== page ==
Hurricanes And Healthcare: GOP Can't Catch A Break

The Republican Party roared into 2017 as triumphant avengers, having pulled off major upsets to win control of the House, Senate, and Oval Office. However, instead of pushing through conservative reforms as promised, the GOP has stumbled through the spring and summer without a single notable legislative victory. Obamacare has not been repealed, there’s little talk of the controversial border wall anymore, and Trump is listening to Democrats on raising the debt ceiling. A growing number of moderate Republicans appear poised to retire after 2018 rather than seek re-election against an aggressive Democratic Party…or fight a Trumpian right-winger in a heated primary.

But President Trump is still trying to score some of the home runs he pointed out during his campaign, especially tax reform.  As the conservative base begins to grumble about lack of successes in Washington, the stakes grow higher and higher. If Trump cannot put some points on the board soon, competitive districts may flip to the Democrats. Few people voted for the former real estate tycoon because of his political experience (there was none), but rather his insistent promise that he was a natural winner and could deliver.

For the macho man who wrote Art of the Deal not to have made a single one in almost eight months in the White House, while his party controlled Congress? Not good. And it doesn’t look like it will get better: Nationwide trends appear to be favoring the Democrats, and will weaken any Republican drives to push through tax reform.

First, Obamacare ain’t dead yet, despite conservative insistence that the law would crash and burn. According to the U.S. Census Bureau, 2016 was the third straight year where the number of Americans without health insurance decreased. The percent of uninsured Americans declined from 9.1 to 8.8 percent last year, giving Democrats a feather in their cap. While not exactly statistics to crow about, the fact that Obamacare is still moving in the promised direction will continue to galvanize Democrats against future Republican calls to dismantle the law. Having suffered a couple of bloody noses in this boxing match already, even a loudmouth like Trump is likely to sit out the next round.

Second, the two hurricanes that have devastated America’s Gulf Coast, Harvey and Irma, have fired up Democrats about both fiscal policy and climate change reform. While Republicans have spent years stubbornly insisting that global warming and man-made climate change are myths, record-setting disastrous storms are swaying public opinion. Even Texas Republicans may be thinking twice about blasting climate change science as bunk. Florida, an invaluable swing state, may be over its small-government honeymoon with Republican governor Rick Scott as it seeks federal aid to help recover from Irma.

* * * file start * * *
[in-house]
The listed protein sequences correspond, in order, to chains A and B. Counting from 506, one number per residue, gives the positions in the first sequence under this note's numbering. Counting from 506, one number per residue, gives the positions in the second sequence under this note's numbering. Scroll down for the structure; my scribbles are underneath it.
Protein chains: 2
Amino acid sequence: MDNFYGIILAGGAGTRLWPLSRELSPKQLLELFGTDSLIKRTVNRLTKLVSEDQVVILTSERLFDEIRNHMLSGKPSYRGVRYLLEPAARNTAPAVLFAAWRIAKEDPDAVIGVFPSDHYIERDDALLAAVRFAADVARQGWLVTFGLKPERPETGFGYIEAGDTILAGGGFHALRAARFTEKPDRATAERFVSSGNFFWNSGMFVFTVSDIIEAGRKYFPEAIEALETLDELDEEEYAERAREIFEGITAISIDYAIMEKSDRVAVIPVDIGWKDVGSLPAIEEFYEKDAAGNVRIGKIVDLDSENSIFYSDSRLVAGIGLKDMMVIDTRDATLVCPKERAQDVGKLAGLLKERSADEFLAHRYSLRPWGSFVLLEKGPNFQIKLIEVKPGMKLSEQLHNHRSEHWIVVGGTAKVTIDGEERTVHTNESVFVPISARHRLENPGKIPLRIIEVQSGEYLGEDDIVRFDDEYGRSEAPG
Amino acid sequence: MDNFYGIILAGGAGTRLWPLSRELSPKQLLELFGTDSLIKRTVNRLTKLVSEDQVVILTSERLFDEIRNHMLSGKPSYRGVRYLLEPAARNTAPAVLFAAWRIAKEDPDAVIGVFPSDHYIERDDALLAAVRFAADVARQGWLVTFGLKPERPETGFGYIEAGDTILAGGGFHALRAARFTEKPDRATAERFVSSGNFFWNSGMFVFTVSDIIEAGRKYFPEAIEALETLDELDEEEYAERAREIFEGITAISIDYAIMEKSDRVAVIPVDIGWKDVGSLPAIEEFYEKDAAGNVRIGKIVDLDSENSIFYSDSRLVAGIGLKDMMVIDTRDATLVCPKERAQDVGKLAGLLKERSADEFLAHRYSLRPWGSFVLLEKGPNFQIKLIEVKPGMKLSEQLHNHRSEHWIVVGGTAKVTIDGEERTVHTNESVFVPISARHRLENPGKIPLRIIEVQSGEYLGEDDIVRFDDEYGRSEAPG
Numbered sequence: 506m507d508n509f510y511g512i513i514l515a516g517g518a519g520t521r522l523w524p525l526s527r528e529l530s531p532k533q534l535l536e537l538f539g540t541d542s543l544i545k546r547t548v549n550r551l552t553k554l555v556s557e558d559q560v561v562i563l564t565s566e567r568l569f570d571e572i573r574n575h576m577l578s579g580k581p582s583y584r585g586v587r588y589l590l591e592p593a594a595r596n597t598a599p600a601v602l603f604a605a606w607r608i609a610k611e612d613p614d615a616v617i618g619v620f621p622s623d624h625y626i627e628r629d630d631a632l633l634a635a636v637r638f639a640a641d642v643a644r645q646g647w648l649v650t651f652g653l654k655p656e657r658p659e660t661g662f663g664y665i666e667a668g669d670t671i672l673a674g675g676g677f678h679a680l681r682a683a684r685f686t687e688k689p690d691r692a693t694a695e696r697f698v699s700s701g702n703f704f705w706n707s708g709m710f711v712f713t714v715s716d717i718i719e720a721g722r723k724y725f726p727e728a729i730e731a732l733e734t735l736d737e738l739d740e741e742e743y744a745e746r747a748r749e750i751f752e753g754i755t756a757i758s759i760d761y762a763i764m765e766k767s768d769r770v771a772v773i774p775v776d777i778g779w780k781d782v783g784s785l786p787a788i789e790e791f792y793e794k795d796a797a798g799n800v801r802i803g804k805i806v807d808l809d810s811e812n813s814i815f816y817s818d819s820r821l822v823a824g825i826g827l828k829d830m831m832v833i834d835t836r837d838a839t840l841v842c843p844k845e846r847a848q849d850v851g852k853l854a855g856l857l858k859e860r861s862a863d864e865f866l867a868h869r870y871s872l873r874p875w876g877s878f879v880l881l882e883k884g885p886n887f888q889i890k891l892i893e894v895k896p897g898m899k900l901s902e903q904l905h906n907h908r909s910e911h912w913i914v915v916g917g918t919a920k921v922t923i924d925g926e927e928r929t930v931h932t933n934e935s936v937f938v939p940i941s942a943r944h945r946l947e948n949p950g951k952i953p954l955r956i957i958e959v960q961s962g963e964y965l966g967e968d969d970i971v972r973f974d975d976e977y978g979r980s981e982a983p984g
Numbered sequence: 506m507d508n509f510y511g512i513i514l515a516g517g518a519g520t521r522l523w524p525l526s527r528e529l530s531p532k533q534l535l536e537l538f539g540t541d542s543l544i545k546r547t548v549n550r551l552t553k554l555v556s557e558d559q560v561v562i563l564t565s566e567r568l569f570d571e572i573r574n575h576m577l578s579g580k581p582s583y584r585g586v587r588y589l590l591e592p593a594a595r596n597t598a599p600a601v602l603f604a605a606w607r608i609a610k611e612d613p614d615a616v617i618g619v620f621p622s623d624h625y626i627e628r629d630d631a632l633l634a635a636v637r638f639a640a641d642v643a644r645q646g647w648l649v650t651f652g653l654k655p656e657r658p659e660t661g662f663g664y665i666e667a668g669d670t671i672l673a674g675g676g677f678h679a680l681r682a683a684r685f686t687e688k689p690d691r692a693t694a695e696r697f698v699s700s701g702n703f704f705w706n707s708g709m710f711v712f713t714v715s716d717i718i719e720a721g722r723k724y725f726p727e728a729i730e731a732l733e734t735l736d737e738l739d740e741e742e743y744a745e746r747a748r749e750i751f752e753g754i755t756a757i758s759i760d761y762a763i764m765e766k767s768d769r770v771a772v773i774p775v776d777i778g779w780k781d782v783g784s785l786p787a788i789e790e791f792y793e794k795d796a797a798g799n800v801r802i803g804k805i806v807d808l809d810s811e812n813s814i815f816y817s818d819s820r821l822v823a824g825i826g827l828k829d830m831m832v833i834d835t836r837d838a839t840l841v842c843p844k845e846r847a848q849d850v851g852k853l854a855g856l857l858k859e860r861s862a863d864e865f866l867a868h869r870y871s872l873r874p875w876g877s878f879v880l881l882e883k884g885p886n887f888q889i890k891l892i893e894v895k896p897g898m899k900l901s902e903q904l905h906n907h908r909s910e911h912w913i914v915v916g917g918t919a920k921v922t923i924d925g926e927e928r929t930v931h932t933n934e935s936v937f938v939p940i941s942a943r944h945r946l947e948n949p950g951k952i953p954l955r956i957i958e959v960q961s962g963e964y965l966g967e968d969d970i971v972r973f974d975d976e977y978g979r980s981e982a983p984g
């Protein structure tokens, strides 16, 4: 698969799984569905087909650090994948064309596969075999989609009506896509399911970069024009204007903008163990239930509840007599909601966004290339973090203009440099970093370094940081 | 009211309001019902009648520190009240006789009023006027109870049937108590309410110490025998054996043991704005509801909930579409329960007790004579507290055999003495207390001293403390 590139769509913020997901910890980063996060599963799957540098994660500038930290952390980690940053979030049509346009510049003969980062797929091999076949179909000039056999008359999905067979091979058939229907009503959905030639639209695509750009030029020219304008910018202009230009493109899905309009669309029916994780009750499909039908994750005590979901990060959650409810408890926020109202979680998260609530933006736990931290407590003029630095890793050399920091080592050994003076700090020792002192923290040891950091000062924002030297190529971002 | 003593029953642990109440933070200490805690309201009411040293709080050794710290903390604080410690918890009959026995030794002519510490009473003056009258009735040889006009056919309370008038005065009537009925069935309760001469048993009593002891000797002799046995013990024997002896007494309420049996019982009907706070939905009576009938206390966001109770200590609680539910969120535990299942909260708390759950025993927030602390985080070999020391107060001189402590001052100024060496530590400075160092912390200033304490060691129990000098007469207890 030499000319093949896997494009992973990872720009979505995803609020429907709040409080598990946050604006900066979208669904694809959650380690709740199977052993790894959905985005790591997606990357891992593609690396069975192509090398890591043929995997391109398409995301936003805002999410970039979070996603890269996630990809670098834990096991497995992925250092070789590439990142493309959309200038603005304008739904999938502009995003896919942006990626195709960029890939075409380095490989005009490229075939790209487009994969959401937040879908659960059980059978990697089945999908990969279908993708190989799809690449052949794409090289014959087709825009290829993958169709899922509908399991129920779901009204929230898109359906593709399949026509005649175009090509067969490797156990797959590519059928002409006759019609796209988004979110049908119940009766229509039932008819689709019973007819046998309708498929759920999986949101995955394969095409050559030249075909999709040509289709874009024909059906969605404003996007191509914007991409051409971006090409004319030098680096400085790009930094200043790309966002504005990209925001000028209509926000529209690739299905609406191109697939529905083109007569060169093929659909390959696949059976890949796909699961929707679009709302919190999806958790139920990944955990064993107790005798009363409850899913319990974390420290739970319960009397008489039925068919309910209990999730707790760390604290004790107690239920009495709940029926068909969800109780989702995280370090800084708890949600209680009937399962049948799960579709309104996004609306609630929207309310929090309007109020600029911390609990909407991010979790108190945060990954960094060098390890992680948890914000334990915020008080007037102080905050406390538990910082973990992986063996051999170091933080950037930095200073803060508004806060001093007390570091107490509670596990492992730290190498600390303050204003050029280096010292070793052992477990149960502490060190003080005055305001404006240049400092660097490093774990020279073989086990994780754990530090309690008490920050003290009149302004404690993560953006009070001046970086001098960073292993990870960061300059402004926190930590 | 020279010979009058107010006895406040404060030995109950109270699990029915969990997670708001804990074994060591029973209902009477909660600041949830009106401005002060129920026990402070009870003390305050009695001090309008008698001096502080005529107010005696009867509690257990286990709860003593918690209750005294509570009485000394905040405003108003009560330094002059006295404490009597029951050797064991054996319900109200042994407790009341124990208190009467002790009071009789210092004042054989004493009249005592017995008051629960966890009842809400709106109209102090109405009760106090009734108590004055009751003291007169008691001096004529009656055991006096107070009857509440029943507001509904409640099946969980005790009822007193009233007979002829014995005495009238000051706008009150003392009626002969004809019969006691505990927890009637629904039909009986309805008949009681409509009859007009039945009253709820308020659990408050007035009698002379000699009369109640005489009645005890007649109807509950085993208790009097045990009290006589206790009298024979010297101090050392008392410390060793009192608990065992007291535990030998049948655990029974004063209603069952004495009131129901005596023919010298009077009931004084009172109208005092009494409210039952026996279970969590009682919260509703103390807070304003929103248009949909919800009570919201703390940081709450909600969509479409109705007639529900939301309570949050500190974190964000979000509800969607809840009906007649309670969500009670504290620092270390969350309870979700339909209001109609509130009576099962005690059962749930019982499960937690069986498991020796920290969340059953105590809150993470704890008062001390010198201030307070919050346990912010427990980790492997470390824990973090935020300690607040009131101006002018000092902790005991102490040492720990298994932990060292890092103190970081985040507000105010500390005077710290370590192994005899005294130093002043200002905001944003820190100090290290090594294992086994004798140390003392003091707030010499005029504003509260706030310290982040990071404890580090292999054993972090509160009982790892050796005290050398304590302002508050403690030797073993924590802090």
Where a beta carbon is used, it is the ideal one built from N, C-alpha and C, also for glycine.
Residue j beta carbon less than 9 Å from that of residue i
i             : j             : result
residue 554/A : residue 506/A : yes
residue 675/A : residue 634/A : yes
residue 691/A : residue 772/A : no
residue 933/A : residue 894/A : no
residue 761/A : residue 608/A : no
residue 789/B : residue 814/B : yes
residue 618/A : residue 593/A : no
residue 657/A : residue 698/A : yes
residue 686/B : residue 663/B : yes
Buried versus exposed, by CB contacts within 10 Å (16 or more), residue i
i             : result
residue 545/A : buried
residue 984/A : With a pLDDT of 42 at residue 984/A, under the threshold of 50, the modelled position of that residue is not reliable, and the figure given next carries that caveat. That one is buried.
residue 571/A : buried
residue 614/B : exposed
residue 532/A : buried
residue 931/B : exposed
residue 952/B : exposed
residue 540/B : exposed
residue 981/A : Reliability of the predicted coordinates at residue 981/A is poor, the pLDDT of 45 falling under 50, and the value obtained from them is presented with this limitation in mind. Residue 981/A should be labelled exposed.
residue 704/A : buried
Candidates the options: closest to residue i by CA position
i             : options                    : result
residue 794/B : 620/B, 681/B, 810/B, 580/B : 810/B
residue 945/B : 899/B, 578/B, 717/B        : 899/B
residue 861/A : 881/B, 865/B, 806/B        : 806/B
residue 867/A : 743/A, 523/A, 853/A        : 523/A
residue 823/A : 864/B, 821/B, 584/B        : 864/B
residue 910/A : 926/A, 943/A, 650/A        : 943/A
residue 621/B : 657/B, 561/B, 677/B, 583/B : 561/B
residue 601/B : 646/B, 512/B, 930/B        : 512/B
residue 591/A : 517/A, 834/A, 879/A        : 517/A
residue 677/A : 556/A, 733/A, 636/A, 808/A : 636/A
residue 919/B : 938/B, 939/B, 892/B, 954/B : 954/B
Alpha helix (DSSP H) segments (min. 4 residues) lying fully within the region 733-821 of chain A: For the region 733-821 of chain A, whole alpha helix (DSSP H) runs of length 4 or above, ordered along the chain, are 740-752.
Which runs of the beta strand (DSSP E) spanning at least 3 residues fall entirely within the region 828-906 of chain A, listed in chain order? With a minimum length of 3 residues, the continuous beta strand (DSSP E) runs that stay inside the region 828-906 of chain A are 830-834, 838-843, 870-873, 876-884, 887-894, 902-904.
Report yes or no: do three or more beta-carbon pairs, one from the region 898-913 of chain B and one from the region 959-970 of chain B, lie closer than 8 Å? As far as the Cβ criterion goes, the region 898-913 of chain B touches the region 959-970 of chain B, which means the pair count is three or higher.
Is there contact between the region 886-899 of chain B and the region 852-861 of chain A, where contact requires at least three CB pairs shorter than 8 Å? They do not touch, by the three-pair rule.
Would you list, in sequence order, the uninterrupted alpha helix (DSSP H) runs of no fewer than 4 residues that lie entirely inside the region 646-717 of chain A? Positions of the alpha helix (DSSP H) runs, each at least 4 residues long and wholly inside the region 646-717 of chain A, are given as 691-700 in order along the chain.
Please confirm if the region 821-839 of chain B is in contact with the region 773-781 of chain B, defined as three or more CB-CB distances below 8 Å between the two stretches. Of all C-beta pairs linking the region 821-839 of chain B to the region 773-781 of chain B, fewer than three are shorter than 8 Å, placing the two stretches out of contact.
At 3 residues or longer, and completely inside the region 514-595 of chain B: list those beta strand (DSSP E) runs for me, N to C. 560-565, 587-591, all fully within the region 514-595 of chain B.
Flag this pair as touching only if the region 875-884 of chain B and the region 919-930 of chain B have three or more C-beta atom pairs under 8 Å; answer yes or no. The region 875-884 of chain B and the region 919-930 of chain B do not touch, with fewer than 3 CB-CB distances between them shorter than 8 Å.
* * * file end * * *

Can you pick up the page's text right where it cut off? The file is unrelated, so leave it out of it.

Devastating natural disasters have a way of making pull-yourself-up-by-your-bootstrap conservatives a little more socialistic.

For now, Democrats appear to be holding their fire on climate change, perhaps waiting to see whether or not the Trump-led GOP will soften its tone as we head into autumn. The minority party may be seeking a détente: If Republicans relax and decide to stick with Barack Obama’s policies for a while longer, the Democrats will stop taking relentless easy shots at the beleaguered President and other stumbling conservatives, such as possible porn-liking U.S. Senator Ted Cruz. By this point, both parties are undoubtedly exhausted from almost two years of constant political combat.

Despite being the minority party, Democrats have facts and momentum on their side, which the GOP can hardly deny. Obamacare isn’t collapsing, the increased incidence of extreme weather is ironclad evidence that man-made global warming is harming our climate, lots of moderate Republicans are ready to exit stage left and hand over districts to Dems, and Donald Trump’s lingering Russia scandal is only getting worse. Given these threats, it is in the GOP’s best interest to extend olive branches rather than take off the gloves.

Trying to ram through conservative tax reform, which would benefit the wealthy and do little or nothing for the middle class, will make the Republican Party look extremely out of touch at a time where millions of Texans and Floridians are struggling to rebuild. Cutting tax rates on high earners and corporations will slash government revenue at the exact same time that most voters are calling for increased infrastructure spending. “You’re leaving Houston and Florida out in the cold,” Dems will tell Trump in front of a national audience. “While billionaires get tax cuts, you’ll be slashing spending and leaving those who lost everything in Harvey and Irma destitute.” 

Donald Trump, Mitch McConnell, and Paul Ryan should read the tea leaves and realize that they’ve got no more gas left in the tank for 2017. It’s time to take a break, time to tap out. Conservative tax reform is not something that Americans want. We want a President in the vein of FDR and LBJ, who will use expansionary fiscal policy to rebuild our devastated coastlines.  Tightening our belts and going on a budgetary diet is not something America can stomach right now.

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